How should we understand God’s infinity?

How do we understand infinity at all. The natural numbers -1,2,3,4 — are infinite. But I can’t say them all even if I do it for my whole life. I can’t fit them in my brain. But I understand it. To understand it means that I know if anybody gives me a number even a million miillion million million — I know that that’s not the biggest one. I know there are numbers bigger. So what does it mean that God is incomprehensible? It doesn’t mean God is nonsense. It’s not like BLABLABLA. But it means that any conception you give m of God — he’s a great father a great king a mystical light, the simplest, the best — there is a bigger one. We should never rest with our conceptions of God. That would be idolatry.

So we need to figure out how to construe our PURPOSE and GOD in context. We understand “purpose of life” by understanding God and we understand God by understand purpose of life.

I left out one clause that he keeps repeating “TO THE EXTENT POSSIBLE”. We’re finite, God’s infinite. We are not supposed to be like God to an extent that’s impossible. But how much is possible?

Bear in mind that Luzzatto wrote under conditions of tremendous censorship. They rabbis of the day him burn most of his books, most of his kabbalistic books. So we don’t know. But the only way to know the extent something is possible is to try. So that’s the idea — we are constantly deepening our sense of how much we can do, how much we can give, how much we can love, how much we can understand — we are constantly deepening our understanding of what our life’s purpose is. And that constantly deepens our understanding of God. And vice versa.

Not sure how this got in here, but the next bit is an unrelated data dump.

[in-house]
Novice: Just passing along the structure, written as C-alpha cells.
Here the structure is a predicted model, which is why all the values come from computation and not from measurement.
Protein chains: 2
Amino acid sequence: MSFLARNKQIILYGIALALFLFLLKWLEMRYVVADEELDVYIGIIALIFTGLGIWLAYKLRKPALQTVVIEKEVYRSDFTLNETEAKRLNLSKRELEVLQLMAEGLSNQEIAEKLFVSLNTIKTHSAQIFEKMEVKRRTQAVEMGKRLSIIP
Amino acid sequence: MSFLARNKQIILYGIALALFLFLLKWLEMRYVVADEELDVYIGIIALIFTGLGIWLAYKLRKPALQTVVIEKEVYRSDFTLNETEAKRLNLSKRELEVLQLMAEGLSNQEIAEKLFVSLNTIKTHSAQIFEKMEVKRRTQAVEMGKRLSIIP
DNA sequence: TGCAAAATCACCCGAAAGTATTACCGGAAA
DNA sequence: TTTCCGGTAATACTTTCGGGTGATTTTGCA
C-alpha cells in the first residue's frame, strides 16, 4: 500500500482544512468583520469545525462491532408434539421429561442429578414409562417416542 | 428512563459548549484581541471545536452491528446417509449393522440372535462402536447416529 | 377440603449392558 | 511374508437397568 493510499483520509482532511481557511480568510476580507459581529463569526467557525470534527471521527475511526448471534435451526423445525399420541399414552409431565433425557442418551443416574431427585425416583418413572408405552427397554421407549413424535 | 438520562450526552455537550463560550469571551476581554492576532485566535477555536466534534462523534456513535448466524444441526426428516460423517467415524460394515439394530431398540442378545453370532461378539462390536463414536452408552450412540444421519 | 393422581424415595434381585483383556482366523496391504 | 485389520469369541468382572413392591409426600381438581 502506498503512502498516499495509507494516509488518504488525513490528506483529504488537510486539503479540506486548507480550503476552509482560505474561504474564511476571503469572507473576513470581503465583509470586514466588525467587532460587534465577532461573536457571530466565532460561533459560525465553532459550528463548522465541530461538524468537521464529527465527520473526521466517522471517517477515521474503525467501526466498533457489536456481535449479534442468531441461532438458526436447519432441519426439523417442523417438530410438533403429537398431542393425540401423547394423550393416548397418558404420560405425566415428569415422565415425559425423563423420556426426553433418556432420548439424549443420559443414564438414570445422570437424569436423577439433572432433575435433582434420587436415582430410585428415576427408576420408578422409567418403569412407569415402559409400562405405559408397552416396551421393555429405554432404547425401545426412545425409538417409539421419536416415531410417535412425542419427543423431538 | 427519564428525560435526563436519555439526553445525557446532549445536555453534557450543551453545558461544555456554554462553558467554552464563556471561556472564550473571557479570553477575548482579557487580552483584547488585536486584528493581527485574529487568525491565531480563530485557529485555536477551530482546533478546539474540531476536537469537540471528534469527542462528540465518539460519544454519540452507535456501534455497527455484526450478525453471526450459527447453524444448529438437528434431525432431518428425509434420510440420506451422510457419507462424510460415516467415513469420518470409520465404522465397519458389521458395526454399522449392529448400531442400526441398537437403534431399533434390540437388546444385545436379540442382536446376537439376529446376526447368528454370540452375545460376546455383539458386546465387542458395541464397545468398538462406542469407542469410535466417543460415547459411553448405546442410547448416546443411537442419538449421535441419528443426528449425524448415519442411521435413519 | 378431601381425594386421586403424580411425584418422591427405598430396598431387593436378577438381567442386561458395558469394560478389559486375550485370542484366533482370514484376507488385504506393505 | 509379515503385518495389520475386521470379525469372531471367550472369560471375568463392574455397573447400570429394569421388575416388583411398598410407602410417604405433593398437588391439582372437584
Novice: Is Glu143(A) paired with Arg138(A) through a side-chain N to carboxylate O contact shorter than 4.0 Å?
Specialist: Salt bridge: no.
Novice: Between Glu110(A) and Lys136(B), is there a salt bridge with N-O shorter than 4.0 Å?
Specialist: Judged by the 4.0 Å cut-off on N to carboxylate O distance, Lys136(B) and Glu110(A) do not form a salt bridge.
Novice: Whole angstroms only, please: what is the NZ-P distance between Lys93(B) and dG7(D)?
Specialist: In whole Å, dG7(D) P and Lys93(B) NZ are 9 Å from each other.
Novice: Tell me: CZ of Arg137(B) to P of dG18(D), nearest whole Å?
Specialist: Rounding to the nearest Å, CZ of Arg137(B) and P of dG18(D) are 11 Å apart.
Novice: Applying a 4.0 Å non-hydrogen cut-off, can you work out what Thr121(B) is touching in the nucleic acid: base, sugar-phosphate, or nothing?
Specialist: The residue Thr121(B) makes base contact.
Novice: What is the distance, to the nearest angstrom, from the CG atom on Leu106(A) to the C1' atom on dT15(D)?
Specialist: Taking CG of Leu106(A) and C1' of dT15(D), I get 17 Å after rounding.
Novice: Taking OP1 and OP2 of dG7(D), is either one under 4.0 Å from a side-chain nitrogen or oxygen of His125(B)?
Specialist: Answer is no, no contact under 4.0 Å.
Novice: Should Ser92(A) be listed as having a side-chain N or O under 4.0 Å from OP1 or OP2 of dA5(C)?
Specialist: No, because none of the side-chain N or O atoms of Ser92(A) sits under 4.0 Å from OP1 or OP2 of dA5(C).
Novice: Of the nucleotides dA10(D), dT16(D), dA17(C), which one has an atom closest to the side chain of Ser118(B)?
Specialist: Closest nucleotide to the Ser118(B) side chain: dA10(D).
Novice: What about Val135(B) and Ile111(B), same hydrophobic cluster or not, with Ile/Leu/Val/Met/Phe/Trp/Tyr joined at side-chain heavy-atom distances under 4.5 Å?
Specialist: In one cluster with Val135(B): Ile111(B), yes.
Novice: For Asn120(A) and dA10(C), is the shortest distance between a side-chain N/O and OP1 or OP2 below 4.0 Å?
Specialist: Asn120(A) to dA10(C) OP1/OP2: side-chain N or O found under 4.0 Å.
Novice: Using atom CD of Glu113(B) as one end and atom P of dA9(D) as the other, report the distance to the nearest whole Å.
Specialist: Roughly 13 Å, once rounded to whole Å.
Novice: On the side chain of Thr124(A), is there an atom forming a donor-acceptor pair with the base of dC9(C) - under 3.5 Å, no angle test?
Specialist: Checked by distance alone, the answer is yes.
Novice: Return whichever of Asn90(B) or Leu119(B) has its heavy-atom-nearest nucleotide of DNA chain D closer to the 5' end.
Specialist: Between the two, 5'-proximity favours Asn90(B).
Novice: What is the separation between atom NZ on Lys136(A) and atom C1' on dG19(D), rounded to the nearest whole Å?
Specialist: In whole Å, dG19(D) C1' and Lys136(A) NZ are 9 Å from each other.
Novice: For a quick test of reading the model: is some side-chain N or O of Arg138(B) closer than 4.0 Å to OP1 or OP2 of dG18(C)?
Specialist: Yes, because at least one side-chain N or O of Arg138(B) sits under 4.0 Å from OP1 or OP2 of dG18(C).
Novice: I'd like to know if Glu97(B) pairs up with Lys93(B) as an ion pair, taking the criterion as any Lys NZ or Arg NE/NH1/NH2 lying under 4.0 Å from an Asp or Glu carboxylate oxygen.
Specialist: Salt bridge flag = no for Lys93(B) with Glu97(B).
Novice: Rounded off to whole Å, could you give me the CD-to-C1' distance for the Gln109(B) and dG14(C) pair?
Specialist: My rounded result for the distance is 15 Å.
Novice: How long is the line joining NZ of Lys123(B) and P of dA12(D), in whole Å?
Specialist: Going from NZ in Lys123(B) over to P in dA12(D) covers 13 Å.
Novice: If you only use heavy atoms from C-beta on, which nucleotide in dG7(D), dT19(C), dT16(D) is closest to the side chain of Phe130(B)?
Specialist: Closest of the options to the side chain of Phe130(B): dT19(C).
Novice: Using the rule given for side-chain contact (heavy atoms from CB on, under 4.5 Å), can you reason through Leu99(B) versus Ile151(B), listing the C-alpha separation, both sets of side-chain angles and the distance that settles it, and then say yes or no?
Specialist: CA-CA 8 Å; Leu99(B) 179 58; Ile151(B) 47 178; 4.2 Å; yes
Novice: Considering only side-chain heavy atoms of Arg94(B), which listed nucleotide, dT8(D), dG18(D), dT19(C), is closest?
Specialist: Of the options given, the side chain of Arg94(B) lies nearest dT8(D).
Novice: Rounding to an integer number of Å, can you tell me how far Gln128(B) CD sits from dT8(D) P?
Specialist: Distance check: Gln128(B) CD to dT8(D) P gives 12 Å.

God is not an ego — he’s perfect and simple and incomprehensible. He’s like the context of all contexts. He is not a slave to any sort of limitation or self-protection or fear. We deepen our understanding of ourselves by having the conception of God and we deepen our understanding of God by having a deeper existential grasp of our own lives — coming to a decision about what it is to live our life most authentically and at it’s best.

So what does it mean to be master of our own good? We know it means to be like God. And God is infinite. He’s not compelled to do anything. He’s not motivated by any fear or limitation. And what he does is bestow his own good on others. How? By making the others — us — the masters of our own good.

So to resemble God must mean to be like God and give without any fear of limitation. So it was a bit of a trick to say that the tyrant or egomaniac or dictator is master of his own good in Luzzatto’s sense. He is actually afraid of what will happen if he doesn’t frighten people. If he doesn’t force them to acknowledge his greatness. That’s not like God who is not afraid of anything and doesn’t need anything. They are in Luzzatto’s language motivated by deficiency.